2016 Cadillac CT6 first drive review


Cadillac has a problem. Over the past few years it has developed and delivered a pair of sedans—the ATS and CTS—that are as good as or better than anything Europe has to offer. And yet, car sales were down last year and those cars really haven’t put a dent in the sales of the class leaders. For instance, Cadillac sold 26,873 ATS sedans and coupes last year compared to some 140,000 BMW 3- and 4-Series models. The CTS did a bit better on a percentage basis, as Cadillac churned 19,485 examples of its mid-size sport sedan compared to about 50,000 Mercedes E-Classes.

So what’s a brand that wants to prove it delivers top-notch luxury to do? Well, keep plugging away and keep building great cars.

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Cadillac’s latest offering to take on Europe’s best is the 2016 CT6 full-size sedan, which is arriving in March. A new flagship model for the brand, the CT6 is actually a “tweener.” It’s sized like the BMW 7-Series, which makes it about four-to-five inches shorter than the Audi A8 and Mercedes-Benz S-Class, and priced more like the smaller Audi A6, BMW 5-Series, and Mercedes E-Class.

We recently headed to Los Angeles to see if the CT6 has the chops to rival those revered cars.

A Cadillac experience

This wasn’t a typical press trip. Cadillac provided a curated experience along the lines of a day in the life of a prospective buyer. It started with a lunch at a chic downtown Italian restaurant, followed by a quick $14 drink at a rooftop bar that I was far too uncool to patronize. For every attractive woman in the place there was a twenty-something guy with a man bun, knit cap, or decorative neck scarf. The first day ended with dinner in an artist’s studio. You know, like the typical Cadillac owner might schedule for any given Wednesday night.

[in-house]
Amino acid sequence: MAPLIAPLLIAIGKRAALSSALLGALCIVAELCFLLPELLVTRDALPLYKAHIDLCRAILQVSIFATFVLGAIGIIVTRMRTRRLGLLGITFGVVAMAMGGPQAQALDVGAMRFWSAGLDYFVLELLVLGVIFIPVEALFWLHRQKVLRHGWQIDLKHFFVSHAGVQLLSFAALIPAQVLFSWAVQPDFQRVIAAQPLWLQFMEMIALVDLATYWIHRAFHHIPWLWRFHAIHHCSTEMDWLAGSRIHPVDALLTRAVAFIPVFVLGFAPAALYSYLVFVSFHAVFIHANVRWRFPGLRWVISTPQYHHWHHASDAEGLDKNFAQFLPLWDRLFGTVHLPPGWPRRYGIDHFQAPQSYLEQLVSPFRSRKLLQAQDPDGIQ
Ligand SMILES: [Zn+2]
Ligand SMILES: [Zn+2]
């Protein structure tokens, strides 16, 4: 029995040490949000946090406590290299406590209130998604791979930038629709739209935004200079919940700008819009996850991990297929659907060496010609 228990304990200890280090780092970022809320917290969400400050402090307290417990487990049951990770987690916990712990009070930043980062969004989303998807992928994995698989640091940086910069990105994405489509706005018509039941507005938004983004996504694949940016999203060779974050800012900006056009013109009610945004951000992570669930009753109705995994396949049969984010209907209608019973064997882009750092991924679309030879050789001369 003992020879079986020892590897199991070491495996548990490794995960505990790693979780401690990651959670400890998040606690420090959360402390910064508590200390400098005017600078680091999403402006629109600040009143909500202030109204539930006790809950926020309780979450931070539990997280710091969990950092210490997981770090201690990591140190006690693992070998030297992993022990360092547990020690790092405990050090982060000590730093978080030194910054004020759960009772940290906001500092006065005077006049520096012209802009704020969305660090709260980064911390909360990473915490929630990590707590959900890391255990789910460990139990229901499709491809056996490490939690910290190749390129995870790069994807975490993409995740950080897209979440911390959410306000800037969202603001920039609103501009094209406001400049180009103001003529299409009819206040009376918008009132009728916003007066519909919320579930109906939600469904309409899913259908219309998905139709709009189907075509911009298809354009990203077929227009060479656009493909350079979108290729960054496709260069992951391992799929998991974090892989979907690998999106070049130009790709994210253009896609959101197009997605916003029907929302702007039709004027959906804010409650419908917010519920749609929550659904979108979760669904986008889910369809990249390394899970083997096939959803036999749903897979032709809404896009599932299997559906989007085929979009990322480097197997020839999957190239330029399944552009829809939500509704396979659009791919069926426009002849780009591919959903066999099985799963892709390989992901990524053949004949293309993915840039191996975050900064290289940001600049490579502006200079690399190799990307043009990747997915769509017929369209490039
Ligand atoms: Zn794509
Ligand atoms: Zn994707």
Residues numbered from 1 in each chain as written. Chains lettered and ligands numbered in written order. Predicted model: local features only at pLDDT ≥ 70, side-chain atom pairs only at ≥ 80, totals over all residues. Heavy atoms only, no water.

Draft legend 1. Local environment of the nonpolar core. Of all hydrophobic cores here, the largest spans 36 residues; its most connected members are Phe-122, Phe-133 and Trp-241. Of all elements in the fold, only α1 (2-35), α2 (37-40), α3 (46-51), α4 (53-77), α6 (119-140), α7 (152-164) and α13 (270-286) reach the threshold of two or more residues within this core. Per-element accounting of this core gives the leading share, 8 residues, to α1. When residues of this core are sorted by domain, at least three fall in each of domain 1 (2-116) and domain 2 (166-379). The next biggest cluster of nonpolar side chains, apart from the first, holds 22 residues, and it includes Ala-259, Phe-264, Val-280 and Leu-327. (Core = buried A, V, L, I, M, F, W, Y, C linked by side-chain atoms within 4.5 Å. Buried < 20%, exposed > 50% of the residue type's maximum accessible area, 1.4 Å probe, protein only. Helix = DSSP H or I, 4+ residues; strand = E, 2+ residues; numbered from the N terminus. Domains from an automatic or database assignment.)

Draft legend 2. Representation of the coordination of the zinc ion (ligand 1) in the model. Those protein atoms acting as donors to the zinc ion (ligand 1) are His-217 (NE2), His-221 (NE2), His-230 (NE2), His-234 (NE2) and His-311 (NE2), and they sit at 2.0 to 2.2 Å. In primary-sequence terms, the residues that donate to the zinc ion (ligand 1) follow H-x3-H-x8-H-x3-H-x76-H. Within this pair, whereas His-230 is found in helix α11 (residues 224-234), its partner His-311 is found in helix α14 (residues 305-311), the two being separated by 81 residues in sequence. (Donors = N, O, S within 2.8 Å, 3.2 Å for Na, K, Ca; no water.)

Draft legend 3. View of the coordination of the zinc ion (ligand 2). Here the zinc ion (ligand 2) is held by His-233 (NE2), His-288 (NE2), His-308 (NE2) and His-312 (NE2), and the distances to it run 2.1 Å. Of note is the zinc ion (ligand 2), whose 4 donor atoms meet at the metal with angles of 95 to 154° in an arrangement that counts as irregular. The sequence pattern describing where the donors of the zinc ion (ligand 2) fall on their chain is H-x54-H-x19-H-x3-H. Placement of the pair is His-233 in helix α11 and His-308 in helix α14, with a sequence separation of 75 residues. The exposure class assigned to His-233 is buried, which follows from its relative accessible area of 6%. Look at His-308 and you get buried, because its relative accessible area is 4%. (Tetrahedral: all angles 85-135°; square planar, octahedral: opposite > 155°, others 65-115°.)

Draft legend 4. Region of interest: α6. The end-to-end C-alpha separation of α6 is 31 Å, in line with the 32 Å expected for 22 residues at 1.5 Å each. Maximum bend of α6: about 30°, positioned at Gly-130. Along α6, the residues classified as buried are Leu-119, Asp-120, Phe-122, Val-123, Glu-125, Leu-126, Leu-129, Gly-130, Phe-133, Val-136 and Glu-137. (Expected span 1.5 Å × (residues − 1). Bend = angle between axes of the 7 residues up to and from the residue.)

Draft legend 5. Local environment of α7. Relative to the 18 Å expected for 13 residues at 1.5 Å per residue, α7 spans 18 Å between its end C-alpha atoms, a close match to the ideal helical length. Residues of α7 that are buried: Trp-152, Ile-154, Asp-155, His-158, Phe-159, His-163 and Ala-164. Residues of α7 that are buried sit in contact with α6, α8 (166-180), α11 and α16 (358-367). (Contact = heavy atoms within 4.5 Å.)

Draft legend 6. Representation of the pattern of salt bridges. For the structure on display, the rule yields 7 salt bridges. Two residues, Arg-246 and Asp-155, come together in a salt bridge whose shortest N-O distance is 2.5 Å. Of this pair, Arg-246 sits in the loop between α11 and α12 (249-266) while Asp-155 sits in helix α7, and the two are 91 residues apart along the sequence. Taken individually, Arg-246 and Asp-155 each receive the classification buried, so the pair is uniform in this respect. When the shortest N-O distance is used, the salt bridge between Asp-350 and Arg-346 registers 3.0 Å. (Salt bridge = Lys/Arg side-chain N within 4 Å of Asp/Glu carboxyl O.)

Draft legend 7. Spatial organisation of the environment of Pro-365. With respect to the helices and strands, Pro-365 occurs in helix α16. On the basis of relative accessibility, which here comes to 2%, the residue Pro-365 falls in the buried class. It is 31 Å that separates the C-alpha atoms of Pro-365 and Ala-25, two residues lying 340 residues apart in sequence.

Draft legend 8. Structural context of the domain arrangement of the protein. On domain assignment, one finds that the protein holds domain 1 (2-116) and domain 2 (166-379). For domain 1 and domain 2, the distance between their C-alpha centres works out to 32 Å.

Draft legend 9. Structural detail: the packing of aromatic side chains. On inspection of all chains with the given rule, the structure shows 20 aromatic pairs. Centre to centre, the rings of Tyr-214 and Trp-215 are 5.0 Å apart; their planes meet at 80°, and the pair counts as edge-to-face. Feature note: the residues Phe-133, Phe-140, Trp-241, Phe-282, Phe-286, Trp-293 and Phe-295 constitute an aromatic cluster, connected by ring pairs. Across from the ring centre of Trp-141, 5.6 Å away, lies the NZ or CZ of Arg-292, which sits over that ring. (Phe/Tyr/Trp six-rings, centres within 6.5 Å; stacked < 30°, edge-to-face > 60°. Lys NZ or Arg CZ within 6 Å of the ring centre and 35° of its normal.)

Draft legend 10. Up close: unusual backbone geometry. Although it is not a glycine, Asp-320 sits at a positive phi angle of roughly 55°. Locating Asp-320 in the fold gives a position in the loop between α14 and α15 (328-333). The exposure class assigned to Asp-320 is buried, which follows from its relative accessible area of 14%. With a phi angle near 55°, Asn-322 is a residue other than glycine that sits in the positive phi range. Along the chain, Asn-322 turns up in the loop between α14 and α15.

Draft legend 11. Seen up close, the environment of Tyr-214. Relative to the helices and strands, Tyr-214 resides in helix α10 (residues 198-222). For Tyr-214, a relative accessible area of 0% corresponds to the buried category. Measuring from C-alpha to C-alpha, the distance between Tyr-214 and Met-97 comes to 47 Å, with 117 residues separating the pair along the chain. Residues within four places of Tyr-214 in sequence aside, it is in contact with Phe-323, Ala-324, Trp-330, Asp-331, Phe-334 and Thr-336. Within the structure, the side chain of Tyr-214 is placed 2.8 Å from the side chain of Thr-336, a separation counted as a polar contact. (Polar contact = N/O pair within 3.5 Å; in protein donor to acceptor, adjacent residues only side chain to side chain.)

2016 Cadillac CT6

2016 Cadillac CT6

Enlarge Photo
2016 Cadillac CT6

2016 Cadillac CT6

Enlarge Photo
2016 Cadillac CT6

2016 Cadillac CT6

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Of course, I was shuttled to all of these activities in the back seat of the new CT6. Let me tell you, it’s not a bad place to be. There’s enough legroom for an NBA forward, and headroom is plentiful, too. Four-zone automatic climate control is available so occupants can be comfortable wherever they sit, and a large center console provides storage and a handy armrest. Though I didn’t use it, Cadillac also offers a rear entertainment system with a pair of 10-inch screens, an HDMI port, and streaming capability through the OnStar system’s 4G LTE and Wi-Fi hotspot connection.

However, I have a couple of complaints that I wouldn’t have in the German cars. The seat belt receptacles sit too low, making them hard to find when you try to buckle in, especially with the center console down. The middle seating position is extremely unfriendly, as the outboard seats are practically buckets and the middle occupant has to sit on a perch and deal with the transmission tunnel. And, though minor, the rear doors should have automatic closers. On several occasions, greeters had to shut the door more than once to get it to fully latch. That doesn’t happen in an S-Class.


 
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